[Haskell-cafe] Re: In-place modification

Aaron Denney wnoise at ofb.net
Tue Jul 10 18:19:31 EDT 2007

On 2007-07-10, Sebastian Sylvan <sebastian.sylvan at gmail.com> wrote:
> On 10/07/07, Andrew Coppin <andrewcoppin at btinternet.com> wrote:
>> Sebastian Sylvan wrote:
>> > On 10/07/07, Alex Queiroz <asandroq at gmail.com> wrote:
>> >>      So you think we use C because we like it? :-) When this
>> >> revolutionary tool of yours arrive that compiles Haskell to PIC
>> >> devices, I'm gonna be the first to use it.
>> >>
>> >
>> > No, you use it because you have to, there is very little choice. Which
>> > is exactly my point.
>> >
>> > I don't think it's unreasonable to expect that when nobody uses C for
>> > desktop applications, games etc. anymore because there's a better
>> > language available and widely supported, that some version of this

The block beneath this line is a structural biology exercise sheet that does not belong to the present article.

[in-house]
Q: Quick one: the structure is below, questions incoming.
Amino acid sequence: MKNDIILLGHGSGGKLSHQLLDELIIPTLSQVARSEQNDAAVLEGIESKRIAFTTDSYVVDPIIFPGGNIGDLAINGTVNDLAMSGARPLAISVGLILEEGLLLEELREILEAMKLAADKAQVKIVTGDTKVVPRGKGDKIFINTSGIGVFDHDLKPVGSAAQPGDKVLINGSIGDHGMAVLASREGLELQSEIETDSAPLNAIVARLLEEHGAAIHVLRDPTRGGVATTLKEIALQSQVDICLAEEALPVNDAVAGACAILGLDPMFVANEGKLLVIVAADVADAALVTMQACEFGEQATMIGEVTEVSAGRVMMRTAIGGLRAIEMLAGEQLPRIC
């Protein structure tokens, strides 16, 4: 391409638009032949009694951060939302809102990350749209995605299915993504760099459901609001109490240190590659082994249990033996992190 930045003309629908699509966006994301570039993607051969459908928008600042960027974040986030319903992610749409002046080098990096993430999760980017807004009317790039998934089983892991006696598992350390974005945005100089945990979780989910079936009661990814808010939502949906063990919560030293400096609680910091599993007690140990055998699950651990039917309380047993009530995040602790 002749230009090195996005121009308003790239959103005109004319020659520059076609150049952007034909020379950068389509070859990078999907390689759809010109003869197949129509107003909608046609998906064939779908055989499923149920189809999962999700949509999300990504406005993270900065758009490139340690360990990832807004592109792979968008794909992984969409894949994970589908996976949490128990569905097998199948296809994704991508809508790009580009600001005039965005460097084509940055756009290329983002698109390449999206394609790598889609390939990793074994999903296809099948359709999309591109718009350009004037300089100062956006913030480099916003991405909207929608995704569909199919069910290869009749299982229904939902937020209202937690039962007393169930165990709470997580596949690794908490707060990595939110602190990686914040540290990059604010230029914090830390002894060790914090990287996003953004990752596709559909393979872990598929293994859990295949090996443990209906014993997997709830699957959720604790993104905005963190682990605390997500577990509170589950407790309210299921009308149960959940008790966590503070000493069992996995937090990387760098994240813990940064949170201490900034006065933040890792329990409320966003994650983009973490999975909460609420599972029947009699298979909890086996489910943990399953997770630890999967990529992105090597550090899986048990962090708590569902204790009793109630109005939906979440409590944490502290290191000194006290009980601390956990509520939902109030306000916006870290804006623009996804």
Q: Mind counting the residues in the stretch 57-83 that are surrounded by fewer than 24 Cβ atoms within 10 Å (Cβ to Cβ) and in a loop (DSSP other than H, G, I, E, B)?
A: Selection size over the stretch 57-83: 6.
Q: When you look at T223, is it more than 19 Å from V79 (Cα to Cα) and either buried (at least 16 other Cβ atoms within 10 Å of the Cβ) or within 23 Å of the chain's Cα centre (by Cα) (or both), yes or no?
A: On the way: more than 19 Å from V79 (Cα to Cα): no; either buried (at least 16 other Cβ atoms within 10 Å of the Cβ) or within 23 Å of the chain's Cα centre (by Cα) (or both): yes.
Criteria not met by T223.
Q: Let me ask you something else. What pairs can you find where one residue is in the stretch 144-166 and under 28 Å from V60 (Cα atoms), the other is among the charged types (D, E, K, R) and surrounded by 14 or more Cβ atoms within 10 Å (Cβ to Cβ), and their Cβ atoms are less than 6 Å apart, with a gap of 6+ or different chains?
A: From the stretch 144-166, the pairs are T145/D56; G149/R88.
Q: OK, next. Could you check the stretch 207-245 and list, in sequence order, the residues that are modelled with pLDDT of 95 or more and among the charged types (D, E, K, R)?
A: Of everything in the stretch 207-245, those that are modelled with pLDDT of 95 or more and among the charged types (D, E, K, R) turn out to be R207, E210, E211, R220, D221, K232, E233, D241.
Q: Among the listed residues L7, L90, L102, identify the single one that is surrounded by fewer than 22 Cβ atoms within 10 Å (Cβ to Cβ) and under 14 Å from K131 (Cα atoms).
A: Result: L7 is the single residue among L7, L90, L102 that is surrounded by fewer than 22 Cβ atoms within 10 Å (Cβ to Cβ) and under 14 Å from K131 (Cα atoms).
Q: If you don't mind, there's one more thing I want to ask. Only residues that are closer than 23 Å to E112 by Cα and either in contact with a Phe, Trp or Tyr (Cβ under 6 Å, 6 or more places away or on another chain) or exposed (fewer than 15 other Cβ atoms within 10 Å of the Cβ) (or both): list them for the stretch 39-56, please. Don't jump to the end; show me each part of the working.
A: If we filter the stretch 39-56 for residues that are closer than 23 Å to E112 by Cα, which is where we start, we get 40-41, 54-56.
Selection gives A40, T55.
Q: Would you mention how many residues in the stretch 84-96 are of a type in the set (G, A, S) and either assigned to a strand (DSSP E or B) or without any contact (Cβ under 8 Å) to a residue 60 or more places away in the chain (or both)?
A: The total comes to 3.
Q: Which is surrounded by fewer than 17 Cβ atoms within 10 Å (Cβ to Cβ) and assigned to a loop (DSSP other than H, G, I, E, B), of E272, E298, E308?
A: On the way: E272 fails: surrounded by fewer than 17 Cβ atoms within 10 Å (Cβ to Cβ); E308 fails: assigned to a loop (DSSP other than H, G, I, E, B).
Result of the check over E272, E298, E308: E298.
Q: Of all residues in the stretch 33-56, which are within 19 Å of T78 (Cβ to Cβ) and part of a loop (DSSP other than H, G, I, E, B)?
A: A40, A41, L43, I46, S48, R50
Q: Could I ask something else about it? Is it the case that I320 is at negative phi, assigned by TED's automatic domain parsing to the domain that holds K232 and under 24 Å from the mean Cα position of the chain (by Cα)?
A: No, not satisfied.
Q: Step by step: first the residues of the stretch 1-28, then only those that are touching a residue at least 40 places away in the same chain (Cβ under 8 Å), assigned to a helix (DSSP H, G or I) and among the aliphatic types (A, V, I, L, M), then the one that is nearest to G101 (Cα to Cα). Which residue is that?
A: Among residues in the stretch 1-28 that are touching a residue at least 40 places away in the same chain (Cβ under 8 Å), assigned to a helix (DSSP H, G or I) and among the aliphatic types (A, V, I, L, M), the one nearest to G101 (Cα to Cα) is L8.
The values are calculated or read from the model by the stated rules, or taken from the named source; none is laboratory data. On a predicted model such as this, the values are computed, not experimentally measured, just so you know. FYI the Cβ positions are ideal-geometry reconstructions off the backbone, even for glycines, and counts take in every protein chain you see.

>> > "next mainstream language" will make it onto embedded devices too.
>> >
>> > The revolution (tm) won't come at the same time for all domains. C is
>> > probably used/supported in embedded devices mostly because it's
>> > popular for non-embedded devices (not because C is somehow uniquely
>> > suited for embedded devices). So what happens when something else is
>> > popular, when most industries have stopped using C and almost nobody
>> > coming from university knows it very well or at all? Isn't it likely
>> > that a lot of vendors will write compilers targeting embedded devices
>> > for this new popular language?
>> Mmm... a garbage-collected language on a PIC with single-digit RAM
>> capacity? That's going to be fun! :-D
>> OTOH, isn't somebody out there using Haskell to design logic? (As in,
>> computer ICs.) I doubt you'll even run "Haskell" on a PIC, but you might
>> well use it to *construct* a program that works on a PIC...
> Yeah, and 640K should be enough for everybody... Again, the original
> statement was about 20 years down the line. Go back 20 years and
> people would say similar things about C (comparing it to assembly).

And assembly is still widely used.  Moore's law as applied to the
embedded domain has a lot of the transistors going to more, cheaper
devices, not bigger ones.

Aaron Denney

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